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MD 812 Searching for Evidence: Intro to EBP

Step 3: Introduction to Evidence Based Medicine

Evidence Based Practice (EBP) is “the conscientious, explicit, and judicious use of current best evidence in making decisions about the care of individual patients. The practice of evidence based medicine means integrating individual clinical expertise with the best available external evidence from systematic research."

Clinical information is often divided into two types of information: background information and foreground information

Background questions are needed when searching for general information on symptoms, disease progression, pathophysiology, or epidemiology. These questions generally require answering who, what, where, why and how. Background information is well accepted and consistent. Example: What are the symptoms of gastroparesis?

Foreground questions are needed when answering question regarding clinical care of a specific patient. Answering foreground questions require specific knowledge and often change with the addition of new research. With foreground questions, it helps to develop a focused question using PICO. Example: In adult patients with Allergic Rhinitis, are Intranasal steroids more effective than oral antihistamines in the management of symptoms?

Literature's Nuances

Thousands of articles are published everyday, which means there is an every growing amount of information you as a health care professional will have to navigate and appraise. All research is based on around primary, secondary, and tertiary information sources. The distinction between these source types depends on the originality of the information being communicated and the proximity to the original source of information. As you progress through your clinical career, you will use all of these resources types. You will learn what questions are best answered by primary, secondary, and tertiary sources.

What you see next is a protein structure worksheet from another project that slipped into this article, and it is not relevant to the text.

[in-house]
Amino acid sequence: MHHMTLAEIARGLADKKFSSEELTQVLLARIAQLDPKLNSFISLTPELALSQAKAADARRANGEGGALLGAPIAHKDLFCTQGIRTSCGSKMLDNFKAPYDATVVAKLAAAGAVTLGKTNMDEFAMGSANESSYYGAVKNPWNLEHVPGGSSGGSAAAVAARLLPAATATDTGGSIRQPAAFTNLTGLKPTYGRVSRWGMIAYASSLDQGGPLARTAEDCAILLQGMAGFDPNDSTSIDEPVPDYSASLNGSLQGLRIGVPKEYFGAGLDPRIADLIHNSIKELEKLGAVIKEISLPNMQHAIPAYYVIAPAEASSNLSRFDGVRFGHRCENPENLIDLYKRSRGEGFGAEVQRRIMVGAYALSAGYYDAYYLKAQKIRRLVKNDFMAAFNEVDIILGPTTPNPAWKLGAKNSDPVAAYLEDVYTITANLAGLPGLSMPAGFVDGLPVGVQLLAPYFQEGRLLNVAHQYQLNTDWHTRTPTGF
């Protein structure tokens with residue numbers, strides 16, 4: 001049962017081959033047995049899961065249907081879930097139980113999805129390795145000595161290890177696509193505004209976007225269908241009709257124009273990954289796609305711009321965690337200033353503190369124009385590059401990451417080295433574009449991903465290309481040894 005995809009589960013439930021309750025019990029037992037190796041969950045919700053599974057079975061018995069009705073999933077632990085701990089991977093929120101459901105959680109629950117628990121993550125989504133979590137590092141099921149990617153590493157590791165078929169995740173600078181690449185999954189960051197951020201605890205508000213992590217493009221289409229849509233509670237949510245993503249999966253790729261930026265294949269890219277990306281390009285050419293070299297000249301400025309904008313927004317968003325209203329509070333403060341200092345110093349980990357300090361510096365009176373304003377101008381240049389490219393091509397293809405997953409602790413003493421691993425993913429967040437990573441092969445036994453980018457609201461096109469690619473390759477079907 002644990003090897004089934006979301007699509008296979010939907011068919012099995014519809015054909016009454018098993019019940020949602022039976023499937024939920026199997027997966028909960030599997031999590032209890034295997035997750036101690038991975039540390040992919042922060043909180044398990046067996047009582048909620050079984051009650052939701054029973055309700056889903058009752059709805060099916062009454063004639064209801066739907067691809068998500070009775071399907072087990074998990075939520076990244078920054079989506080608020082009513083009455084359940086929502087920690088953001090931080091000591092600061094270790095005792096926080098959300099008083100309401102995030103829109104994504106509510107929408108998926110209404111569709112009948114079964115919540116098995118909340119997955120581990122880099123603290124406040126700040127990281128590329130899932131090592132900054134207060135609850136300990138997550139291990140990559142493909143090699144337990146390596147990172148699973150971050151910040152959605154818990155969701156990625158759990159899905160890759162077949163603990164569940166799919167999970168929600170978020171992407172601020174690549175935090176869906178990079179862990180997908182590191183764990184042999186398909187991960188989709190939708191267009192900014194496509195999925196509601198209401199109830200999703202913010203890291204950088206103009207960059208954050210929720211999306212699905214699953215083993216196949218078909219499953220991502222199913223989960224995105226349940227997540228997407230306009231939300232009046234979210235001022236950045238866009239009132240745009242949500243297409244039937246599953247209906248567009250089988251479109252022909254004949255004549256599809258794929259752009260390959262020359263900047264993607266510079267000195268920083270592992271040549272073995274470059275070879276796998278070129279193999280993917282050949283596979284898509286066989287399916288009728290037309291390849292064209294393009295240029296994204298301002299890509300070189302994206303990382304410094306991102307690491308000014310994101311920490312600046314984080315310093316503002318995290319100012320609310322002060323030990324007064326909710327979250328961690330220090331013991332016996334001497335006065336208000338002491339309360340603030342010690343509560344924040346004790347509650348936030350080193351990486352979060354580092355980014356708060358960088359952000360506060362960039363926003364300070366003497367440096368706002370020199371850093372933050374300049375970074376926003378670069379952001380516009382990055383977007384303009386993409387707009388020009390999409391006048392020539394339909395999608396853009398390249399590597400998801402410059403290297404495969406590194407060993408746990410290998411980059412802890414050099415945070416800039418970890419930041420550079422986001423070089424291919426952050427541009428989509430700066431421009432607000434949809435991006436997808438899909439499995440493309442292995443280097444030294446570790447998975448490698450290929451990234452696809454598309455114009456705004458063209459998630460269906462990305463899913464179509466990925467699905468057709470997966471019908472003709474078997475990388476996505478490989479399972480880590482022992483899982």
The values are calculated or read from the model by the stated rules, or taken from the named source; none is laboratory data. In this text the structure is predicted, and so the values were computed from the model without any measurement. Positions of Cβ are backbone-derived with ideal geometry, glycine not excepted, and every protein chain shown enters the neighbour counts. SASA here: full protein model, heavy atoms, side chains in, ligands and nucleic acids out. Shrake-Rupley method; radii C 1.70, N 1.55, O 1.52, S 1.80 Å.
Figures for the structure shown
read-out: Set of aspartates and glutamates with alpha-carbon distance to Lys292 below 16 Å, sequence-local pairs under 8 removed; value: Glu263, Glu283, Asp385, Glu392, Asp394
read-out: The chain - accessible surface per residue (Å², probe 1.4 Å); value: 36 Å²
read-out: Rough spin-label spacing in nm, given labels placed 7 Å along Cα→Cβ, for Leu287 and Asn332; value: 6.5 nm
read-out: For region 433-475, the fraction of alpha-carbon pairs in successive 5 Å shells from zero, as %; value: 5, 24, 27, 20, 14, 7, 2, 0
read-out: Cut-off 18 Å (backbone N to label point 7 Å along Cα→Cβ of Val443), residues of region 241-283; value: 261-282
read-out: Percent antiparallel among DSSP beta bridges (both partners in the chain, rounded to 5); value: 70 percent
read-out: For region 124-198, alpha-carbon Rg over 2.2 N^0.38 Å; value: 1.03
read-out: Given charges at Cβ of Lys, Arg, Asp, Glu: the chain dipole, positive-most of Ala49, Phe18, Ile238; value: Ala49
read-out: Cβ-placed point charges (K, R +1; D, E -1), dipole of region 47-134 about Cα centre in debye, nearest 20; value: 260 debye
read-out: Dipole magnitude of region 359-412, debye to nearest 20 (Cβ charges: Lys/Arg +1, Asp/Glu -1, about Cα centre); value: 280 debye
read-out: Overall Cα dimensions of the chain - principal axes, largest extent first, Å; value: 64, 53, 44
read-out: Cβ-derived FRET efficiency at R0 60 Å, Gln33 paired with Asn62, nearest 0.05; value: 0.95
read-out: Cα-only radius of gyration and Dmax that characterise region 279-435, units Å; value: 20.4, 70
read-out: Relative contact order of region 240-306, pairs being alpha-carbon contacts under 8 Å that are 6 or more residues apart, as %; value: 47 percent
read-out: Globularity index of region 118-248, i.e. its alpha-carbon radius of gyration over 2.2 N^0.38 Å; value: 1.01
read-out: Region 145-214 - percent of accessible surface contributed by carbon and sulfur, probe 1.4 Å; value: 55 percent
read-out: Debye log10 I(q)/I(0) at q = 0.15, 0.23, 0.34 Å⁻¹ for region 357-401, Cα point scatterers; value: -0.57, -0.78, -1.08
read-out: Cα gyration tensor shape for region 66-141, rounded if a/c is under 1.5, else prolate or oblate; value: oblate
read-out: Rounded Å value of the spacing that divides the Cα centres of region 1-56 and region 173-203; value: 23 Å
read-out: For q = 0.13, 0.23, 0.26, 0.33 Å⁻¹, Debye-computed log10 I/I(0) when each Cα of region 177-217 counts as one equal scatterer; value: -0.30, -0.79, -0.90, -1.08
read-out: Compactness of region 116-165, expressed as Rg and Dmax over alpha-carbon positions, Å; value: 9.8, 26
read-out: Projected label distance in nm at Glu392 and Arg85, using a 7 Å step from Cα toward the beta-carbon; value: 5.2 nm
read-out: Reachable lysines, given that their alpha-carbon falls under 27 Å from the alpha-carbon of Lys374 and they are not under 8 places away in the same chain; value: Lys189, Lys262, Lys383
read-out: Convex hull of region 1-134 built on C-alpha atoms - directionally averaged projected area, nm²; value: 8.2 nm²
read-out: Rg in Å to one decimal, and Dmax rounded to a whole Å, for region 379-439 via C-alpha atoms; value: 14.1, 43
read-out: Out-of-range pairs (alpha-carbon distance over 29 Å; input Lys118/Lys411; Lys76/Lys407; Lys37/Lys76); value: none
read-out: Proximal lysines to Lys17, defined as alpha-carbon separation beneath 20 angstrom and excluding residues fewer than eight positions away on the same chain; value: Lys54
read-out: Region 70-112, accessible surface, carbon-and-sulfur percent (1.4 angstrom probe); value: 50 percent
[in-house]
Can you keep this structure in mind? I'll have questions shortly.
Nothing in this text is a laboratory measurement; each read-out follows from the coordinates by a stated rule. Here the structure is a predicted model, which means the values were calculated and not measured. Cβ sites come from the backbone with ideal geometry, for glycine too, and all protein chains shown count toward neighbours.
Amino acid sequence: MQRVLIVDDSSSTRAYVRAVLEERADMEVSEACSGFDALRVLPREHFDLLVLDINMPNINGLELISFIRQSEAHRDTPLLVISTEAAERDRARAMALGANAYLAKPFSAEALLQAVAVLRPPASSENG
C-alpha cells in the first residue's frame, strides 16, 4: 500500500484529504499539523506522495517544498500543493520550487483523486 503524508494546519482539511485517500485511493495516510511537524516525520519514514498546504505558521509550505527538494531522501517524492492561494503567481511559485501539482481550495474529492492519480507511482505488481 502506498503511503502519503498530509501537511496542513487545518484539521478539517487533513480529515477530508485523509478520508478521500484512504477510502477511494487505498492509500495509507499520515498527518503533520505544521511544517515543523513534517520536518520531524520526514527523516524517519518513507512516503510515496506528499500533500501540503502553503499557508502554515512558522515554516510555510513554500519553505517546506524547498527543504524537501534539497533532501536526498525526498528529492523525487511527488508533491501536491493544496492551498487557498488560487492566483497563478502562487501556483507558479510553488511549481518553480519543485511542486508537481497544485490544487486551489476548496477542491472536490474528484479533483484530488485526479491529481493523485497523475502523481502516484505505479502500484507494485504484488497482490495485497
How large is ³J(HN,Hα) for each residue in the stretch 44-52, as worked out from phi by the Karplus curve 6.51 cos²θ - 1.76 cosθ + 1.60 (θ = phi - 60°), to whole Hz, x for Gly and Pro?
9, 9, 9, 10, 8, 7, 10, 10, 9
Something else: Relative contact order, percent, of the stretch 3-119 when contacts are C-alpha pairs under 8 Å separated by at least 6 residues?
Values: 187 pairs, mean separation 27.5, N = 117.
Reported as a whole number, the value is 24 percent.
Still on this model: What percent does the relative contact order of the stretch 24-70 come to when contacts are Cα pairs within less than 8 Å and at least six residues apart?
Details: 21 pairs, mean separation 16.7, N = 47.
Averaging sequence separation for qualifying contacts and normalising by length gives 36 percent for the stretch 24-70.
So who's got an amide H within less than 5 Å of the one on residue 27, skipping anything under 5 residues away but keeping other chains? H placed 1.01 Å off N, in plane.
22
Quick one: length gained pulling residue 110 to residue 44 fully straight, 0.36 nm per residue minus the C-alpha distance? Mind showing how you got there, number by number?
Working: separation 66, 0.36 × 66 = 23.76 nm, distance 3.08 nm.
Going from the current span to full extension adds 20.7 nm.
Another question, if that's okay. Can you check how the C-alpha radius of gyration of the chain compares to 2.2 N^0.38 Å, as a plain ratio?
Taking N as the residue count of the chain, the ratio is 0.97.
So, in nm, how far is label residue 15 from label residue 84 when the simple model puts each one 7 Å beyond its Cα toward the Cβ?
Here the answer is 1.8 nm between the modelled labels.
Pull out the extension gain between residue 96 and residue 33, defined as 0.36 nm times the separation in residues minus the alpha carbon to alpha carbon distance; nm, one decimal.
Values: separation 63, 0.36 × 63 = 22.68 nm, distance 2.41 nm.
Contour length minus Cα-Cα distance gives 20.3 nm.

• Primary literature reports original research. Basic science and biomedical primary sources are documents or records that synthesize a study, experiment, trial, or other research project. These sources are often written by the researcher(s) who conducted the study or ran the experiment, and are often testing a hypothesis. This type of information is not pre-appraised, therefore you will be required to appraise the information for validity. One article describing causation is not always enough to effect decision making. If you are looking at individual articles consider appraising the Methods, Results, and Discussion. When reviewing primary literature, you should be able to find a description of the patients included and excluded, total number of patients studied, basic data so calculations can be completed, limitations, and interpretation of results.
  • Secondary literature analyzes, synopsizes, and synthesizes primary literature. The advantage of secondary literature is that the information has already been appraised by other professionals, though you always must appraise the methods used for appraisal. Basic science and biomedical primary sources are documents or records that synthesize a study, experiment, trial, or other research project. These sources are often written by the researcher(s) who conducted the study, ran the experiment, and are often testing a hypothesis. Methodologies and results should be comprehensive and descriptive.
  • Tertiary resources synthesizes and compilations and will include the decisions made through primary and secondary research. This resources include textbooks, reference books, fact books, encyclopedias, and almanacs. 
Granular Pyramid Single Studies vs. Summaries

Appraisal of Sources

So you have found an article in PubMed that describes a treatment that could be beneficial to your case? Since it is a single study, and therefore not pre-appraised information, you will have to appraise the validity of the literature yourself. You will need to analyze the methods, results, discussion sections of the article. Consider possible flaws in the research design in the methods and results. To learn more about breaking down the appraisal process check out this resource: Breaking Down Appraisal: Considerations for Appraising Primary Literature

Appraisal Tools

Applying evidence to your case requires factoring in patient preferences, abilities, and resources as well as clinician experience and resources.

After applying the chosen therapy, it is important to perform assessment. Assessment involves evaluating your patient after the application of your evidence based decision. It also includes self-evaluation of your decision, process, and abilities. You must be a lifelong learner when applying evidence based practice principles.

EBM Venndiagram

Clinical Evidence Made Easy

A concise and accessible introduction to understanding clinical data sources

How to Read a Paper: the Basics of Evidence Based Medicine and Healthcare

A clear and wide-ranging introduction to evidence-based medicine and healthcare